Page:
Alright, so I said I’d post these up. Here are some new repeatable batt colorways I’ve been working on. They will be heading back to the States to be sold probably in the next couple of weeks. I just need to crank out some more before then. Feast your eyes!:
Road to Bree
Things are in full swing at the start of 2013! I’ve made a campaign to crank out a ton of new batts by this spring, and I’ve made myself quite the schedule: one new batt colorway a day. I keep posting photos to Facebook, but I’ll post them here, too, soon.
Some of these colors I’m just dying to spin myself! I’ve also had a few duds with the creation process, which is to be expected. I’ve been drawing a lot of inspiration from The Hobbit (well, Middle-Earth) and New Years.
It’s hard not to be influenced by the current events in your life. Or from the things you see and read. I’m sure that when spring is spreading its influence in Korea, I’ll be cranking out batts that look like cherry and plum blossoms.
(Psst! The pictures are after the jump!)
Okay. Christmas and New Years is over. It was less than spectacular, but I will live. However, I did want to update a few things by telling you what I learned.
First, in a country where everyone is trying to get ahead of someone else, it makes sense that Christmas isn’t emphasized here like it is in the US. Also, there’s still a large percentage of the population here who are Buddhists. New Years is the more important winter holiday for them, but that won’t be the Solar New Year--I’m talking about the Lunar New Year. This year, it’ll be February 10, 2013.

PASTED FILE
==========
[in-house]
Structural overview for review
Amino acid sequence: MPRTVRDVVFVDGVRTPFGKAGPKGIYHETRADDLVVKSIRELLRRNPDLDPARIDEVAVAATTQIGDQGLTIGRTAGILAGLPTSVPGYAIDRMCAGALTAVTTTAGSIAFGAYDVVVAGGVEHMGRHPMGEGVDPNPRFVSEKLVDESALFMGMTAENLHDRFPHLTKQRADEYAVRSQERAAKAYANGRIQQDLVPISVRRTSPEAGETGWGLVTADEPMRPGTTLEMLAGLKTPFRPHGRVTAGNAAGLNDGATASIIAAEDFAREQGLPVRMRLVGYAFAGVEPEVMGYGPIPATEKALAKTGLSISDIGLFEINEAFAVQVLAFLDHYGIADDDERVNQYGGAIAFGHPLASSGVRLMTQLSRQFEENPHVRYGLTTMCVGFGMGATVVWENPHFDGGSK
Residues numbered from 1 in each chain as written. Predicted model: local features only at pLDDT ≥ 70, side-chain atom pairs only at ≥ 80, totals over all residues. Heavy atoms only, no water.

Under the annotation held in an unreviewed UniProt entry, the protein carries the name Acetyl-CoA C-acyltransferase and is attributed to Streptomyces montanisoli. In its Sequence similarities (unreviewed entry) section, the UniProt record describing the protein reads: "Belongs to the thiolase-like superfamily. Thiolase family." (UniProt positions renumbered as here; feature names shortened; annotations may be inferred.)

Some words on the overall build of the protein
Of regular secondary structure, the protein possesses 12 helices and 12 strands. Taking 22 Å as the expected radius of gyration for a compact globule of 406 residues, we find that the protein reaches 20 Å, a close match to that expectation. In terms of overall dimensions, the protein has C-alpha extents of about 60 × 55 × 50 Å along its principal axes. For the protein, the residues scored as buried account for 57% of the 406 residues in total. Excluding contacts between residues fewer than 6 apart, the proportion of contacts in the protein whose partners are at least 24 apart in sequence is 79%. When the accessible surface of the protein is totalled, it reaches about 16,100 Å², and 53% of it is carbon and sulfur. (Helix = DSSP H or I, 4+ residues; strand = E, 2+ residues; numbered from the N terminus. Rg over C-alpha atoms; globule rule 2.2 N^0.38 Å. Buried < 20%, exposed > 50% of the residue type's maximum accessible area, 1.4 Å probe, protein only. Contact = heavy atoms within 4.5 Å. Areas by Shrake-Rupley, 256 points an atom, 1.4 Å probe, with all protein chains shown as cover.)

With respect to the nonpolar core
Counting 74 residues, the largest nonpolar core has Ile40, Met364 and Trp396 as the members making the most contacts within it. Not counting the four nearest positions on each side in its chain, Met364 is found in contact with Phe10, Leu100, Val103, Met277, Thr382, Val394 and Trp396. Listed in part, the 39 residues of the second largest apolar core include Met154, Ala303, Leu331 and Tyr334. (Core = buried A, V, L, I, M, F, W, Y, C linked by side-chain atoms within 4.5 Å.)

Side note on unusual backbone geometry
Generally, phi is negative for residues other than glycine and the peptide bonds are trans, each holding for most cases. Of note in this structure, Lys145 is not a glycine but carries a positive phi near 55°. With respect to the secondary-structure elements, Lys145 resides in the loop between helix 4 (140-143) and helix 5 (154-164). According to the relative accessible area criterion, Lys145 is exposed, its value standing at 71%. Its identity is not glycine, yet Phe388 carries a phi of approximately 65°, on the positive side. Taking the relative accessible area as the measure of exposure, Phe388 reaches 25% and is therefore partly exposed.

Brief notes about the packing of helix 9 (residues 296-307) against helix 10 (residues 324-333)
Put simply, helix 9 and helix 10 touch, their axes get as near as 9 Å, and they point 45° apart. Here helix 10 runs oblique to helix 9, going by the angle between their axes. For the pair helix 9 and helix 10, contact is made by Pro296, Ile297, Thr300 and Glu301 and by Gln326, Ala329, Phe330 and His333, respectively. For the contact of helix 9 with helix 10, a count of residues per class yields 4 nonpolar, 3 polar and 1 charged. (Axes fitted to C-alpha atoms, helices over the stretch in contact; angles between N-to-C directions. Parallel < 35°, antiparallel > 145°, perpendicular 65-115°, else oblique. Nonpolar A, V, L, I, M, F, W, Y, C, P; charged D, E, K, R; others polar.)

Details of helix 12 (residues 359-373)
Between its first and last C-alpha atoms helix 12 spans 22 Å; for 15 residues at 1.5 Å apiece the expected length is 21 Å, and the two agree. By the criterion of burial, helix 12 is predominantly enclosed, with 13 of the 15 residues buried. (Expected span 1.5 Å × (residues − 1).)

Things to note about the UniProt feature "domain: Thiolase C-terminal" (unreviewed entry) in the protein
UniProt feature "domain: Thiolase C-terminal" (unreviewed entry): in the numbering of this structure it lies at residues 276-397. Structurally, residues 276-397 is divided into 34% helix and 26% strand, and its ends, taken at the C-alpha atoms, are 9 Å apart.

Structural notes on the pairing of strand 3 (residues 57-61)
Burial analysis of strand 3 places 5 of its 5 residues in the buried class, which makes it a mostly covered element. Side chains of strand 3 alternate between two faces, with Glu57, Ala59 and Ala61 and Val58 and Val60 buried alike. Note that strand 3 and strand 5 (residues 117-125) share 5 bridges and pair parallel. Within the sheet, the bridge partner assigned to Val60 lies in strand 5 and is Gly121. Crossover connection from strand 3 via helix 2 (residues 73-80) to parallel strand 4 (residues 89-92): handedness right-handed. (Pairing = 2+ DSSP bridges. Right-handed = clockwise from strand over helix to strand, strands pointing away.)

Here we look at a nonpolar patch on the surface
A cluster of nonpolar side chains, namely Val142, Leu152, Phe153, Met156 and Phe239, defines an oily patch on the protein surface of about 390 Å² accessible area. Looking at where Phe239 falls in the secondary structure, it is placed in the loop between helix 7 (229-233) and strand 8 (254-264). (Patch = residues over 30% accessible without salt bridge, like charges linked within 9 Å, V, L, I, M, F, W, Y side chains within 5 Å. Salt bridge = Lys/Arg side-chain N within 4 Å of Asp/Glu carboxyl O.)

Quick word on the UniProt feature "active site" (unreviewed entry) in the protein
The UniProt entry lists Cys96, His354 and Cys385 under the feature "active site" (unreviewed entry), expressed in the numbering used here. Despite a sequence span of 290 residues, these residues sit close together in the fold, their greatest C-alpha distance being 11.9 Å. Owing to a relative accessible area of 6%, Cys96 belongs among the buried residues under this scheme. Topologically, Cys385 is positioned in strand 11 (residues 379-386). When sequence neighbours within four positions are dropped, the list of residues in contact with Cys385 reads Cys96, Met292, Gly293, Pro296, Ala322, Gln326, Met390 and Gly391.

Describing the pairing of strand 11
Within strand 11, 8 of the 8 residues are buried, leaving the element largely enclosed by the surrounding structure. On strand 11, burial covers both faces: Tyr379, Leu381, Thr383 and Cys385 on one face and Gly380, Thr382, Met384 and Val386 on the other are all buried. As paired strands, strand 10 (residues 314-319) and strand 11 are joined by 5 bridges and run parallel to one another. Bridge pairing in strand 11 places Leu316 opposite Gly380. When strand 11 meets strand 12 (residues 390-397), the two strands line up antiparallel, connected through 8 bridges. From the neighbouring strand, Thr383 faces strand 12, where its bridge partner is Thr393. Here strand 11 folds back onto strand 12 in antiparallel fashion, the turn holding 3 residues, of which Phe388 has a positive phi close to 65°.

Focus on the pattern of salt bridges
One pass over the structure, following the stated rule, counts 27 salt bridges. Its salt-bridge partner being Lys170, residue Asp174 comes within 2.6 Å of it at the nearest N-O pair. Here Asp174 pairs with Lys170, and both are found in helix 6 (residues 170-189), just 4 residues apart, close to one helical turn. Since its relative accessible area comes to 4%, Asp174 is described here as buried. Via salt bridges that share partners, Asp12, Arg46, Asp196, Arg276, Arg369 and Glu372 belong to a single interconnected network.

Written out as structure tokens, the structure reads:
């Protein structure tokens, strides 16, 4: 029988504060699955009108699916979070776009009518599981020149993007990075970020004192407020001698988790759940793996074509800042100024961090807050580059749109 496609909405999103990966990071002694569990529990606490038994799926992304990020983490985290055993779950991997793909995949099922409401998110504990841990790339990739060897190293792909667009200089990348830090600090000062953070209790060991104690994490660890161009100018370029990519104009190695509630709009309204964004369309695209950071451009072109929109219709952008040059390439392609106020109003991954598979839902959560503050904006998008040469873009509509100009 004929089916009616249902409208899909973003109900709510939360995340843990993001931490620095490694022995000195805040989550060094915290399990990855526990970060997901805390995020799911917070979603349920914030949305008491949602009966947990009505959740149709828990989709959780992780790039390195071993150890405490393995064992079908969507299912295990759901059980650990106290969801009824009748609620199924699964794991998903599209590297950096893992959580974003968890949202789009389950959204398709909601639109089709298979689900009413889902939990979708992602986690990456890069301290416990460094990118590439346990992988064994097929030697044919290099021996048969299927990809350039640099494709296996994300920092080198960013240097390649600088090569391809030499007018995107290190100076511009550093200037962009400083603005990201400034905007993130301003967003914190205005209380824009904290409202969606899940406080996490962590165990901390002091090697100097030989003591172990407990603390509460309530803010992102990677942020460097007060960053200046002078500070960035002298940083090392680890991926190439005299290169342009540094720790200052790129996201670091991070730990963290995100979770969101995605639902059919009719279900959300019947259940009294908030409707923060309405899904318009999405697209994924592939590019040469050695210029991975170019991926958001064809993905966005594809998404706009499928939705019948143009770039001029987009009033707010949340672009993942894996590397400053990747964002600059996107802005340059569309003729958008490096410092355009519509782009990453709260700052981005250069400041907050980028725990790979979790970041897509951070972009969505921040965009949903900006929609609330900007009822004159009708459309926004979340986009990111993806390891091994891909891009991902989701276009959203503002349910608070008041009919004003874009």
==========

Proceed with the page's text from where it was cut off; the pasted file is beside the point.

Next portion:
Wow, it’s weird to be writing 2013. 2013. Yup, still weird. But I haven’t written 2012 so far this year.
I did find a place nearby that sells crafts. I was asking some of my Korean co-workers about "craft" stores, but since the language doesn't have an "f" sound, they thought I was asking about a "crab" restaurant. It took me twenty minutes to figure out we were talking about two different things.
It’s Christmas time in South Korea. And for a foreigner living here, it’s not quite like it is back home in the States. For one, there isn’t as large of a religious population here that
So, while people back home were getting ready to plan their Thanksgiving dinner preparations, Starbucks in Korea threw up their Christmas decorations on November 1. Since Thanksgiving is obviously an American tradition (though other countries have feast celebrations similar), some parts of Korea wasted no time shoving us all into the holiday spirit. American-style businesses (like Starbucks—can you tell I go there often?) had their halls bedecked with ornaments and garland just as Halloween concluded. Korea-based businesses (which are most of the businesses in Korea) have almost entirely skipped the decorations for Christmas. When I head into restaurants, I will occasionally see a tiny tree or a string of lights. As far as the streets are concerned, you would swear it was mid-January as they are barren of sparkle.
Yeah, yeah. My job started getting more involved, which meant I had less time than normal to do stuff. I still post videos on my youtube, so feel free to see how I'm doing via that venue...psst, subscribe!
Starting in mid-November, I was given a job in Research and Development for my company, which means slightly longer days, but a super-awesome job. The biggest complaint we had (my students included!) was that the textbooks sucked. So, I'm working with a guy who aims to change all of that. And I get to help!
I'm making new material and supplemental material that is engaging and interesting. My boss has lived in Korea for 30 years (and he's an American) and knows Korean fluently. Not only are we making better material, we're also catering to the specific differences between Korean and English. We've already finished a few projects, and I can see how much potential our work will give future teachers.